Garlic (Allium sativum) may be best known for being one of the world's most popular culinary herbs thanks to its intense and distinct flavor, but that is not to say it doesn't have other uses outside of the kitchen. Garlic has formidable antibiotic and antiseptic properties - among others - that make it a versatile herb in ways that might be unexpected. Keep reading to discover how you can make use of the garlic cloves sitting in your kitchen cupboard in ways you had never thought of.
1. Cough Relief
When flu season strikes and coughs become prevalent, many people's first choice is to purchase of the many cough syrups available in the drugstore, although many of its side effects - dizziness, lack of concentration, lethargy - can quickly hinder daily activities. Furthermore, most commercial cough syrups limit themselves to relaxing the throat and vocal cords to prevent coughing, but do little to fight the underlying infection.
On the other, hand, using Garlic Syrup as a Cough Remedy instead can help soothe the throat when most needed, while at the same time providing immunity-boosting and antibiotic effects.
When vast quantities are consumed, garlic relaxes the blood vessels in the body to improve blood circulation, including in the genital area. Increased blood flow to the male genitals helps with arousal and makes sustaining an erection easier. This aphrodisiacal effect could be difficult - not to mention odorous - to achieve by consuming the herb as part of a meal and would be more easily achieved by using a garlic supplement.
3. Cold Sore Management
Cold sores - not to be confused with canker sores - are tiny blister-like lesions on the corners of the mouth or around the lips. For approximately 40 - 60% of the U.S. population, they represent a recurring nuisance that flares up after colds, periods of stress, or bouts of low immunity because of the herpes virus. While cold sores usually clear themselves in 10 days without any further help, they tend to be rather painful and can simple things like eating or talking difficult.
Fortunately, a couple of drops of our Garlic Tincture for Ear Infections can double as a cold sore treatment if applied every four to six hours, right after the first signs of the infection - redness, itching, or a tingly spot on one of the sides of the mouth - begin to appear. This effect is due to garlic's antiviral compounds, which can help with a number of skin infections.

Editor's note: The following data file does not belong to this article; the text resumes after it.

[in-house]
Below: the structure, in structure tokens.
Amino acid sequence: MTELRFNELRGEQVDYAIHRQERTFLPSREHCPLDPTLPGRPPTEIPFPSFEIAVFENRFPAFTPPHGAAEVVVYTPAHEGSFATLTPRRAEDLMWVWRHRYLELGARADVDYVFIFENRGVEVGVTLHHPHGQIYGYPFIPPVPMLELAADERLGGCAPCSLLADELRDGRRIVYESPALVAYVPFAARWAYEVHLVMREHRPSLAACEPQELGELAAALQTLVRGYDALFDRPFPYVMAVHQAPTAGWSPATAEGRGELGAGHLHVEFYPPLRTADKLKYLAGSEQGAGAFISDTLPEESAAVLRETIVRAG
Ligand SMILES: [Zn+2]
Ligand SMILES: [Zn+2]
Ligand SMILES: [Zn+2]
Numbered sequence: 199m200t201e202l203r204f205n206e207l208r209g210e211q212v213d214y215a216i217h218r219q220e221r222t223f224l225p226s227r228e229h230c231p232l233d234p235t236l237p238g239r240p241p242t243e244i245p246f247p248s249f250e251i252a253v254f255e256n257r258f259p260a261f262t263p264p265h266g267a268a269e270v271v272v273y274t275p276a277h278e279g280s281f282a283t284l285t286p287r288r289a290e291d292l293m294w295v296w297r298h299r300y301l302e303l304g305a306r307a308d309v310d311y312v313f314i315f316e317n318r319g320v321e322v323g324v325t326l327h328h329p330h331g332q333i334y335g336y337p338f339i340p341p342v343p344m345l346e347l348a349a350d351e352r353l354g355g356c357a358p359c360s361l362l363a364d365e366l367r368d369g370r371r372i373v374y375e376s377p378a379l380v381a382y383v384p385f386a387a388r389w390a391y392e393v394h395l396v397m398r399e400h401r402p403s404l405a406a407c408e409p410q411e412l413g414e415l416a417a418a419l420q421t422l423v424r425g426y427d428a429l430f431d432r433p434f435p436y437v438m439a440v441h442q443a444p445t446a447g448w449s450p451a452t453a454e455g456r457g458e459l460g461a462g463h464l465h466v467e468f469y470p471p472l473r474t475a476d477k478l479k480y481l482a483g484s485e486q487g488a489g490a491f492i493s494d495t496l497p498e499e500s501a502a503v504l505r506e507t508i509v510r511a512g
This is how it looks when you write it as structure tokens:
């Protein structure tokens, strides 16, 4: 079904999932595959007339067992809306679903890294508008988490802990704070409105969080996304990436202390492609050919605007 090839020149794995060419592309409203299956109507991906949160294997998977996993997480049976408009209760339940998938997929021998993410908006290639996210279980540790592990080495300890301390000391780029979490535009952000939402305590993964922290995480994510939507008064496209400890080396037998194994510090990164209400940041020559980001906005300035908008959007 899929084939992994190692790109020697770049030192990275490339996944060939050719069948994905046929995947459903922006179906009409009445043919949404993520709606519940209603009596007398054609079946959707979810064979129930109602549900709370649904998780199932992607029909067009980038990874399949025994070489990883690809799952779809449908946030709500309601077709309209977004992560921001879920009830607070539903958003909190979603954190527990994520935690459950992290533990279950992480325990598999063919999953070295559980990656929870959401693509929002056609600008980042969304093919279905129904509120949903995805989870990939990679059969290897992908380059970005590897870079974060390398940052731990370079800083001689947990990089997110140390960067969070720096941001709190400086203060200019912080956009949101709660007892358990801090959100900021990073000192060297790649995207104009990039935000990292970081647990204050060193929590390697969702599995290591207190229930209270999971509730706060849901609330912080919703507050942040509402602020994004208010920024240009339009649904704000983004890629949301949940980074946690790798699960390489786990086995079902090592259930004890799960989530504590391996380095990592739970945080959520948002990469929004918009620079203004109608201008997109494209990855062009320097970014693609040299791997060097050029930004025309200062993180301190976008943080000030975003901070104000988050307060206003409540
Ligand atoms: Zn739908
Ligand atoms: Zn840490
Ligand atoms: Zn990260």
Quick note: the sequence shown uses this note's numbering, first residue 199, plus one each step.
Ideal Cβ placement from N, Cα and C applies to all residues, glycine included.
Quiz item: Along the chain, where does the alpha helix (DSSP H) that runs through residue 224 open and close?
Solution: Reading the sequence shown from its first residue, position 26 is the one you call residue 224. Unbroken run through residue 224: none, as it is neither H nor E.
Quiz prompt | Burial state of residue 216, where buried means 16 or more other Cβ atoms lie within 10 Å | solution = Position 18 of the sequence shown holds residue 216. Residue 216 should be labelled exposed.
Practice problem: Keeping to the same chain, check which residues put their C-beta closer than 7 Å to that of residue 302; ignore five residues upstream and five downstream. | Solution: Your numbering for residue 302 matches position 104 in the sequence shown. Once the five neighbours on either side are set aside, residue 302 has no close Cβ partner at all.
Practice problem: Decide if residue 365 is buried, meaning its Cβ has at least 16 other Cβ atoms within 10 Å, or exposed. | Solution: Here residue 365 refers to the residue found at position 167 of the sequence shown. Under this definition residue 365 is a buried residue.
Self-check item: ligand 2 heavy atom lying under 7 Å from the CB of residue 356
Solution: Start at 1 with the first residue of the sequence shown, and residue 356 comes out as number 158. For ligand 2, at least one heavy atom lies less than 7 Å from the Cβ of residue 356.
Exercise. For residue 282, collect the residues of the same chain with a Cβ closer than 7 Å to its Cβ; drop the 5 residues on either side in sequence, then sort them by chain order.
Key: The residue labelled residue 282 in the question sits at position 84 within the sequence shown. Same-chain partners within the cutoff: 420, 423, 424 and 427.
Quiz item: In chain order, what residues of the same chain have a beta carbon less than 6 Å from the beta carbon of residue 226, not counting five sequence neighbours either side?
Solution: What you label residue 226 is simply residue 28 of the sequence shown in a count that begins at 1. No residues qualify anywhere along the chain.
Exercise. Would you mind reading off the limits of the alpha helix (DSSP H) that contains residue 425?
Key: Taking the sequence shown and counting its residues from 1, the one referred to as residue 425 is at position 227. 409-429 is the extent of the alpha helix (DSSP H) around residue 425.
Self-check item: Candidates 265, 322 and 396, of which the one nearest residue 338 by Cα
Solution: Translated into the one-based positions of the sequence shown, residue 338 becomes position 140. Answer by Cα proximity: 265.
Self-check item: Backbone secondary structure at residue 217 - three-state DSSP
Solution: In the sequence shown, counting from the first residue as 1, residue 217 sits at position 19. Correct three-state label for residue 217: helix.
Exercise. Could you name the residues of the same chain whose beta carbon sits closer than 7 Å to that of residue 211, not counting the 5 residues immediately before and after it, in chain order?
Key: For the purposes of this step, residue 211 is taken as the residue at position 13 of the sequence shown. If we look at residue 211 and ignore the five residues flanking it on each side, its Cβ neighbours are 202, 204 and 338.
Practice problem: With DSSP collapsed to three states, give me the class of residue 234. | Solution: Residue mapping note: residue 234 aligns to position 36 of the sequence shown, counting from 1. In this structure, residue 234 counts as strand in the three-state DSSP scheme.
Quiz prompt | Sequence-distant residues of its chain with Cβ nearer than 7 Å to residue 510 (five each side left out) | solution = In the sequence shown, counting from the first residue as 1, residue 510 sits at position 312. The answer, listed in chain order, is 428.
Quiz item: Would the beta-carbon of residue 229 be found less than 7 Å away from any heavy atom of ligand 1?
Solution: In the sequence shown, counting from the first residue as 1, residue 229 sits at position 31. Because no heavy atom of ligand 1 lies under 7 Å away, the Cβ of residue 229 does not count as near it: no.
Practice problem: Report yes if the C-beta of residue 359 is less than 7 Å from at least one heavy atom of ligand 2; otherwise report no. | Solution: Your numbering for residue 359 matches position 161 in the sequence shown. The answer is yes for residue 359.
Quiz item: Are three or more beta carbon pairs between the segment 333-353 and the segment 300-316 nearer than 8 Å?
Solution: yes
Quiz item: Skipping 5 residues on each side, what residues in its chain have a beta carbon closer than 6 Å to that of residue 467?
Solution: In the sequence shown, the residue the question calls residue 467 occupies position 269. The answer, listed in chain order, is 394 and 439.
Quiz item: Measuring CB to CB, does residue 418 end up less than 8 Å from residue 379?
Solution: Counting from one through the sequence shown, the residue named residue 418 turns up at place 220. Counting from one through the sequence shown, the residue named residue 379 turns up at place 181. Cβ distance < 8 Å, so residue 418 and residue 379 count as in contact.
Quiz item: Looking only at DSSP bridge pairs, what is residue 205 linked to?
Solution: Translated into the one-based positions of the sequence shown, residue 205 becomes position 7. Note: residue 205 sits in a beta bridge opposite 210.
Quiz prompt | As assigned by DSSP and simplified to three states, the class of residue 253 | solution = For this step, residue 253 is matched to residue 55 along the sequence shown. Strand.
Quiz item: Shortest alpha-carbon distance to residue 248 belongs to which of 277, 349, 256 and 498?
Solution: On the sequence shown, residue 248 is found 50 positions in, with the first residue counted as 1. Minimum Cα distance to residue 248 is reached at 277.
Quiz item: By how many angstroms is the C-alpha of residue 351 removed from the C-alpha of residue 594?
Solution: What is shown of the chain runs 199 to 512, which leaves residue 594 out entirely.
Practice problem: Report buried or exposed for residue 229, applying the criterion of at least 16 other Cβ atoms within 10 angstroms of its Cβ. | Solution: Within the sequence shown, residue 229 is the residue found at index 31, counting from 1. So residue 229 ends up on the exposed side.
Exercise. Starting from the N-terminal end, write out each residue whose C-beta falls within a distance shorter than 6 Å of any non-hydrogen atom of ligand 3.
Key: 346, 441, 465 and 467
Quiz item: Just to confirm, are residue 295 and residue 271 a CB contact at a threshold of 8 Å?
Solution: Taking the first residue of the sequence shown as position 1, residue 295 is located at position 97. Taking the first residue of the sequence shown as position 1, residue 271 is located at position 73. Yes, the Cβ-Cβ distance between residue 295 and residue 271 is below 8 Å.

4. Reducing Acne
Thanks to its antibacterial action, garlic can be applied topically to treat skin blemishes like pimples and cysts. Rubbing a clove of garlic on the affected area can make unwanted spots disappear. However, those with sensitive skin may experience "garlic burn," so it would be best to try to garlic on an unaffected patch of skin first.
5. Treating Athlete's Foot
The strong antifungal properties found in garlic can counter infections from Epidermophyton and Trichophyton fungi. When applied topically to the foot, garlic can therefore eradicate - or significantly reduce - the effects of athlete's foot. Simply peel four or five garlic cloves in two liters of warm water and place them in a small basin, before adding a couple of teaspoons of baking soda or zinc oxide. Soak you feet for 10 minutes in this bath twice a day, and the itch and discomfort should subside within three or four days - although for best, long-term results, treatment should be continued for two weeks.
Garlic has been prized since Before Common Era for its medicinal and chemical properties, and is still just as relevant today as an herb to boost your overall well-being and make your daily life easier. Affordable, easy to obtain, and extremely versatile, it is worth considering garlic not just for its tasty flavor, but also for the benefits it could offer your health and lifestyle.
Bauer Petrovska, B. & Cekovska, S. (2010). Extracts from the history and medical properties of garlic. Pharmacognosy Reviews, 4(7), 106-110. doi: 10.4103/0973-7847.65321
Ehrlich, S.D. (2011). Garlic. University of Maryland Medical Center. Retrieved January 28, 2014, from http://umm.edu/health/medical/altmed/herb/garlic
NYU Langone Medical Center. (2013). Garlic. Retrieved January 28, 2014, from http://www.med.nyu.edu/content?ChunkIID=21729
Silva, D. (2011). Remedies from the Kitchen Cupboard: Garlic. Kaplan University. Retrieved January 28, 2014, from http://healthandwellness.kaplan.edu/articles/nutrition/Remedies%20from%20the%20Kitchen%20Cupboard%20-%20Garlic.html